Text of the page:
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How Rational Is the Purchase of Life Insurance?

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  • Alan J. Auerbach
  • Laurence J. Kotlikoff

Abstract

This paper examines whether middle age American households purchase adequate amounts of life insurance. The analysis is based on SRI International's 1980, 1982, and 1984 surveys of the financial positions of American households. Our findings indicate that a significant minority of American wives are highly under-insured with respect to the possible deaths of their husbands. Under the assumption that actuarially fair annuities are available we find that just over 30 percent of wives are inadequately insured, by which we mean they would suffer a loss in their rate of sustainable consumption of at least 30 percent in the event of being widowed. If one assumes that annuities are not available the fraction of wives who are inadequately insured is 24 percent. These findings on inadequate life insurance are even more striking if one focuses on those households in which over half of the couple's present expected value of resources is dependent on the husband's survival. The fraction of wives in such households who are inadequately insured is 41 percent if one assumes fair annuities are available, and 31 percent if one assumes annuities are unavailable. The problem of inadequate insurance is even more significant among households of more modest means. Almost half of wives in such households who are in need of life insurance protection are inadequately insured, and this statement holds regardless of whether fair annuities are available. The results of this paper together with those of the related literature strongly suggest that raising the share of social security benefits that are paid to surviving spouses as well as increasing in employer-provided group life insurance could have a very considerable impact on the alleviation of poverty among widows, especially elderly widows.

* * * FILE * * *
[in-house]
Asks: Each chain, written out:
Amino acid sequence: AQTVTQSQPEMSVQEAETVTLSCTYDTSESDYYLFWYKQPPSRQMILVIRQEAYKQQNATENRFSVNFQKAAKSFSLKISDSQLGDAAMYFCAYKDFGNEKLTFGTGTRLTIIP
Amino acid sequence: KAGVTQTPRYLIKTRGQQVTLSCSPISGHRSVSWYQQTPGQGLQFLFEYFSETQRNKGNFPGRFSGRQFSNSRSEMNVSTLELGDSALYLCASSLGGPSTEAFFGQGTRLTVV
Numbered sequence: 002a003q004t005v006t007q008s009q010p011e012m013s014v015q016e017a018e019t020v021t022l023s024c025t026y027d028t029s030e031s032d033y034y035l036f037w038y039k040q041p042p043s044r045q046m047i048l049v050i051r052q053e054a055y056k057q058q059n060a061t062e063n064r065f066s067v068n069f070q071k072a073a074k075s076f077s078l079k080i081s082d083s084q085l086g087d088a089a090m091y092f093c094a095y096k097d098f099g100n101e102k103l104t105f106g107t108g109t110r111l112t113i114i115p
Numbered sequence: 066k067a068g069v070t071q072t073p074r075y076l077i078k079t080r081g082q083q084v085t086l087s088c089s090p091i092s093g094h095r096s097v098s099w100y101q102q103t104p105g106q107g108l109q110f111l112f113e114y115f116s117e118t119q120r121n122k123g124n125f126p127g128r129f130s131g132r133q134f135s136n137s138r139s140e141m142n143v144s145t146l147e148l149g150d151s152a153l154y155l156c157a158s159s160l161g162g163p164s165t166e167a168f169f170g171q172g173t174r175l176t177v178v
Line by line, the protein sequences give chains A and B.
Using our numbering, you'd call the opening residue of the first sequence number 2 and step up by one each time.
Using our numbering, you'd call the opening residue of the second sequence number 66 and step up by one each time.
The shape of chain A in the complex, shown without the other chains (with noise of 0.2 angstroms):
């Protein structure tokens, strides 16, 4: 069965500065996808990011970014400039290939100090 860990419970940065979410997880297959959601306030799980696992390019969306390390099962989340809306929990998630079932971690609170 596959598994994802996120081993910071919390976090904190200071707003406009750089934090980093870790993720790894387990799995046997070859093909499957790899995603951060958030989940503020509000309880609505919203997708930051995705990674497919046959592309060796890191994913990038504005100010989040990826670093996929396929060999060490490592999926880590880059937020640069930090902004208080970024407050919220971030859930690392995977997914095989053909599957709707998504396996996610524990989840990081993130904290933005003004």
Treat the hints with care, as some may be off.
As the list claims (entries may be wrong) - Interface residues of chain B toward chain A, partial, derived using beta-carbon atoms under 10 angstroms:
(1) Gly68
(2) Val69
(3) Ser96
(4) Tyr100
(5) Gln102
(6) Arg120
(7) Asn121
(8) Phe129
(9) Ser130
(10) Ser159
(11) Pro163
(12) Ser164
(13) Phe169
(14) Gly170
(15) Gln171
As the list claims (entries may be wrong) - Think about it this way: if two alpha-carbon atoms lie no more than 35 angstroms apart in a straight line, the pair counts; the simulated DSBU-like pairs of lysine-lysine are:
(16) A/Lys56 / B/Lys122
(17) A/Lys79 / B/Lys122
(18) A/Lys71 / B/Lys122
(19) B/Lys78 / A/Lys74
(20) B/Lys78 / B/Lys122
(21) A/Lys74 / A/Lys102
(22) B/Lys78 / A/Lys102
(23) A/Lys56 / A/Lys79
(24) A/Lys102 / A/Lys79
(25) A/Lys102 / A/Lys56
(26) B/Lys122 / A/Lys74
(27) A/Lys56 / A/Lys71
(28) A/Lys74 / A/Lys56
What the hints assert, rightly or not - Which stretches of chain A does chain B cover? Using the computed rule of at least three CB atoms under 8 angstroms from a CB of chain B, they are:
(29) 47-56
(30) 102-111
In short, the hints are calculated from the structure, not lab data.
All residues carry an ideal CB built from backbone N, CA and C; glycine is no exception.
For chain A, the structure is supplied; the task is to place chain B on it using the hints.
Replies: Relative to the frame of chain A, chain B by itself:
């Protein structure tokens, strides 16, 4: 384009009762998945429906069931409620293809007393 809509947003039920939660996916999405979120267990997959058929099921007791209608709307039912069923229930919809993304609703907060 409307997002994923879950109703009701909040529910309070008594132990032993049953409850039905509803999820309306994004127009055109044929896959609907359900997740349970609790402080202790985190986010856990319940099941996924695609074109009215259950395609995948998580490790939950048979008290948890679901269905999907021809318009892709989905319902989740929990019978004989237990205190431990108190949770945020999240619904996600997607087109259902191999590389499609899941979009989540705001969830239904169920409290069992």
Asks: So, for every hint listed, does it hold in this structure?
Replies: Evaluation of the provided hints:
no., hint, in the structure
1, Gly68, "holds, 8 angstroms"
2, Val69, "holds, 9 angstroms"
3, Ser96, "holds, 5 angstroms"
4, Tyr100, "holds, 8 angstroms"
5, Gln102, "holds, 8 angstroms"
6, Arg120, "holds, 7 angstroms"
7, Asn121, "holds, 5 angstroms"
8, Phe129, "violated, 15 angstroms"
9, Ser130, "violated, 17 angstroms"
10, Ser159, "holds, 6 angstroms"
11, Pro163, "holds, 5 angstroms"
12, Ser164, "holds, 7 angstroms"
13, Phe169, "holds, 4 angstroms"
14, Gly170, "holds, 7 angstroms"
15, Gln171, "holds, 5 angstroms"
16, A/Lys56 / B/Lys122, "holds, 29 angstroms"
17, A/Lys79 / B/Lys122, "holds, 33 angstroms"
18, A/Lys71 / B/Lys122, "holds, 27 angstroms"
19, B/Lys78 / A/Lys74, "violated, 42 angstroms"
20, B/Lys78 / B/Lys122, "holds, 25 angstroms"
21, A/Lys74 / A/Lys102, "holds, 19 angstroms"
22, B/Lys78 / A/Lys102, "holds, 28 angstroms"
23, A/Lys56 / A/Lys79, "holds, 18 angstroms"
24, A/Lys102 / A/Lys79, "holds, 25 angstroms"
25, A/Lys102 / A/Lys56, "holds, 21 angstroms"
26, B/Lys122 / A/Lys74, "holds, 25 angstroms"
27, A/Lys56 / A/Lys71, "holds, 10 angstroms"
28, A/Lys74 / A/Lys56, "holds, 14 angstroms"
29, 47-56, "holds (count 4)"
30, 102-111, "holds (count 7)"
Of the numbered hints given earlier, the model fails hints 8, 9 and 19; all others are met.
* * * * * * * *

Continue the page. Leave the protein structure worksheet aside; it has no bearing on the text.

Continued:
Suggested Citation

  • Alan J. Auerbach & Laurence J. Kotlikoff, 1989. "How Rational Is the Purchase of Life Insurance?," NBER Working Papers 3063, National Bureau of Economic Research, Inc.
  • Handle: RePEc:nbr:nberwo:3063
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    References listed on IDEAS

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    1. Alan J. Auerbach & Laurence J. Kotlikoff, 1985. "Life Insurance of the Elderly: Adequacy and Determinants," NBER Working Papers 1737, National Bureau of Economic Research, Inc.
    2. Richard Burkhauser & Karen Holden & Daniel Myers, 1986. "Marital disruption and poverty: The role of survey procedures in artificially creating poverty," Demography, Springer;Population Association of America (PAA), vol. 23(4), pages 621-631, November.
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    Cited by:

    1. Jeffrey Brown, 2001. "Are the Elderly Really Over-Annuitized? New Evidence on Life Insurance and Bequests," NBER Chapters,in: Themes in the Economics of Aging, pages 91-126 National Bureau of Economic Research, Inc.
    2. repec:eee:pacfin:v:43:y:2017:i:c:p:218-237 is not listed on IDEAS
    3. Gerard M. Brannon, 1991. "Public policy and life insurance," Conference Series ; [Proceedings], Federal Reserve Bank of Boston, vol. 35, pages 199-238.

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